No one would be depressed. No wait. Being sad or depressed on occasion is actually part of a complete human experience. It is often said that you need to experience sadness so you know when you are happy. Perhaps more appropriately then, no one would be so depressed for so long, that they would contemplate taking their own life. If I think about that more, if everyone knew that they were loved and that the important people in their lives loved them and cared about them, I mean really knew and personally felt it, then it would be very unlikely that they would be constantly depressed and take their own lives.

My thoughts and imaginings went on and on but to get to a point I wanted to create a society where:

EVERYONE CAN AND DOES FEEL SAFE AND LOVED


That was it. If everyone was safe and loved then there would be nothing that could stop us from expressing who we really are in the world. If you can truly express who you are then imagine the impact to your self esteem and also the "esteem" in our society. It is very likely that from this base every one's creativity can flow and all things would be possible for us. We discussed this as a family over several weeks (everyone from our 5 year old up) and yes this is what we wanted to stand for! FANTASTIC - so where to start!!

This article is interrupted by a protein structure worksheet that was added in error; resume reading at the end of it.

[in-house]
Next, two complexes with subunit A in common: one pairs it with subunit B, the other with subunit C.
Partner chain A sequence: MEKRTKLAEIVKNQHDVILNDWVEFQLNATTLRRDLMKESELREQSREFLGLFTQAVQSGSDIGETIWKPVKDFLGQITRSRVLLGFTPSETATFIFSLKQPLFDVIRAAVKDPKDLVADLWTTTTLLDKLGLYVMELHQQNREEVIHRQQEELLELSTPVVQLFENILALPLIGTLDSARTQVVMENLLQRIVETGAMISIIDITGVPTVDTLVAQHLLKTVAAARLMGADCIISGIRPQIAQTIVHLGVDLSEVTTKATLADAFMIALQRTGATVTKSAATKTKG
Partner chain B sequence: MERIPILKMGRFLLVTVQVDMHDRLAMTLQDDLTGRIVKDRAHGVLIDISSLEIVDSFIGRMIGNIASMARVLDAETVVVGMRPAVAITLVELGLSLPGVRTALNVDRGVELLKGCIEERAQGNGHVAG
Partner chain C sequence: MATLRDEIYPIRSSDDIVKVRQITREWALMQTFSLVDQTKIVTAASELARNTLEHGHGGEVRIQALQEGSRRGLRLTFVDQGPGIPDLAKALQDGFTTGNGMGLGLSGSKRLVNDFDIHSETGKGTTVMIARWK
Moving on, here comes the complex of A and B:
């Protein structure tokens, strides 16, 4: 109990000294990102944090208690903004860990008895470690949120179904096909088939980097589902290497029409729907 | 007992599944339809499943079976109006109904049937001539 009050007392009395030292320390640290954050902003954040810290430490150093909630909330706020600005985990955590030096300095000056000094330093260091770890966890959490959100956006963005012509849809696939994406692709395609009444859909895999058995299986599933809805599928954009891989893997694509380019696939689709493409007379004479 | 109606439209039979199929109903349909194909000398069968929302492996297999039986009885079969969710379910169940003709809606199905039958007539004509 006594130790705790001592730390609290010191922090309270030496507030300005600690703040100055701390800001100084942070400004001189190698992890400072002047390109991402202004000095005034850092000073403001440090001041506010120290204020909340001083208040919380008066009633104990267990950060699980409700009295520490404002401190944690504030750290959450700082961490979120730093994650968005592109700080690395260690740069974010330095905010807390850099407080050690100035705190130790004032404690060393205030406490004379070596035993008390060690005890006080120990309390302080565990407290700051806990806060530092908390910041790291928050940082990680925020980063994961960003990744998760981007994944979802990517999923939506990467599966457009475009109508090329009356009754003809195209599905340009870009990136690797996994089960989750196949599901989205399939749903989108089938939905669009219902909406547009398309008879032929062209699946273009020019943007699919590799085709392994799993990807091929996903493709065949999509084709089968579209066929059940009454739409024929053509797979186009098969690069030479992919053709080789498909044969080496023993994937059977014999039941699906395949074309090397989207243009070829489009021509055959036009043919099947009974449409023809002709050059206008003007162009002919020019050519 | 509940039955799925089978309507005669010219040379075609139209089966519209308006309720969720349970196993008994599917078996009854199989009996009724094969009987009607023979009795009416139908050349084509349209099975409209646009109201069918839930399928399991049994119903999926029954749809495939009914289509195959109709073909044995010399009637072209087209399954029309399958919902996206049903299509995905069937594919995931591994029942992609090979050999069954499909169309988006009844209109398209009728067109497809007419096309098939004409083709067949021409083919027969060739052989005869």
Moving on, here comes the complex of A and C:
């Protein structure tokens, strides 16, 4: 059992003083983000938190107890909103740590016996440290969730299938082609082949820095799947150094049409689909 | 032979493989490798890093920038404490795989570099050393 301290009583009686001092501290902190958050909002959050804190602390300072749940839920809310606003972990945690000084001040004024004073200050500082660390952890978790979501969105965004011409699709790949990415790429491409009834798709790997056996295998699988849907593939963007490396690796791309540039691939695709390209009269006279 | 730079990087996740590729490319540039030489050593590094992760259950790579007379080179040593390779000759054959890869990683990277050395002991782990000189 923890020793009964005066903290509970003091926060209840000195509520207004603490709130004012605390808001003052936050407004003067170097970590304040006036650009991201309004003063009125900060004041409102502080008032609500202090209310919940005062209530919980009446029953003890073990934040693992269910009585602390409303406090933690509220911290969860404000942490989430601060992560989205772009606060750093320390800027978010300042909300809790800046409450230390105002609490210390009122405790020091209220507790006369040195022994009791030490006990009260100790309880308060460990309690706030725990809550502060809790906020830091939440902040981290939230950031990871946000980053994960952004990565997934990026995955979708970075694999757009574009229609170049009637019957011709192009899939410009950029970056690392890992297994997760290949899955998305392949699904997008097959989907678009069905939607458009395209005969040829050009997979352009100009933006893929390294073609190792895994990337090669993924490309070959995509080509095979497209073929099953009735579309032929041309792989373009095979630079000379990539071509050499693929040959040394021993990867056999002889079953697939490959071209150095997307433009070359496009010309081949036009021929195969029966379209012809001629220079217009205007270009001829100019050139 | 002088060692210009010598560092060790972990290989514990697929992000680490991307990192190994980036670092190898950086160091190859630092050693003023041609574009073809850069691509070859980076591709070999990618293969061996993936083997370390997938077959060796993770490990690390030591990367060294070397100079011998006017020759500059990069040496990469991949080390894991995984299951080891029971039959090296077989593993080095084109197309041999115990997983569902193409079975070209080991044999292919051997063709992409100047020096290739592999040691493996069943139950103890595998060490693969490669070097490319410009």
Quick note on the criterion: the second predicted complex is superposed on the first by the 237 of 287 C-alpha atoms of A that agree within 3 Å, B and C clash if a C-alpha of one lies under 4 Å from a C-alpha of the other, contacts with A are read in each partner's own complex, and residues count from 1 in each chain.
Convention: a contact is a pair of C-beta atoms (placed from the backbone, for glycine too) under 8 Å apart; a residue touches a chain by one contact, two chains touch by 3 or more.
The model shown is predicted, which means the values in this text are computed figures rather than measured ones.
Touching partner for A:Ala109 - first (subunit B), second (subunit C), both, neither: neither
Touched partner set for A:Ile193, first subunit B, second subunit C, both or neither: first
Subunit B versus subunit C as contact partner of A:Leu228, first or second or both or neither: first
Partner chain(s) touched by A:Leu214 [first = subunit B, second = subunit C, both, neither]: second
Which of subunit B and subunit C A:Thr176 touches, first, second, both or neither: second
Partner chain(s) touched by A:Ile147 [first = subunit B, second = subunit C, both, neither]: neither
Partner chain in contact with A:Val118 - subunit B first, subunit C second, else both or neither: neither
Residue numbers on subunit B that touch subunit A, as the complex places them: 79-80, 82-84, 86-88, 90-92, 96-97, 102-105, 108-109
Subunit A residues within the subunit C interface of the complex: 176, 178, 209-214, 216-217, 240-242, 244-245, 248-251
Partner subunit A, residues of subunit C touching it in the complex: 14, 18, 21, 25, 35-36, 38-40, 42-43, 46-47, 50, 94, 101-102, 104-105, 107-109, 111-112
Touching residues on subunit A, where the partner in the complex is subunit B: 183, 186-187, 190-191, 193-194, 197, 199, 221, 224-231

After much discussion we determined that the right place for us to start was twofold:

Firstly we would open our home and our family to children who needed a place to go so they can be safe and loved. Practically for us this meant becoming a foster family. We have now completed the process to become a foster family and 2 sisters (5 and 8) have joined our family, at least for now while they need us. As an aside, pretty much everybody thinks that we are nuts to do this. Most just think we are nuts period. The rest look at us and go "but you already have 4 children of your own .... why (and how!!) do you do it?". The how is you just do. While six children make for a busy life it's not as different to four as you'd think. Jo answers the why very elegantly - "if they were your brother's or sister's children who needed support would you do it?" Most people acknowledge that they would. "well, it is all just a matter of how you define your family!". Selfishness of wanting the best for your family and selflessness are ultimately the same thing as you cannot separate your family from society!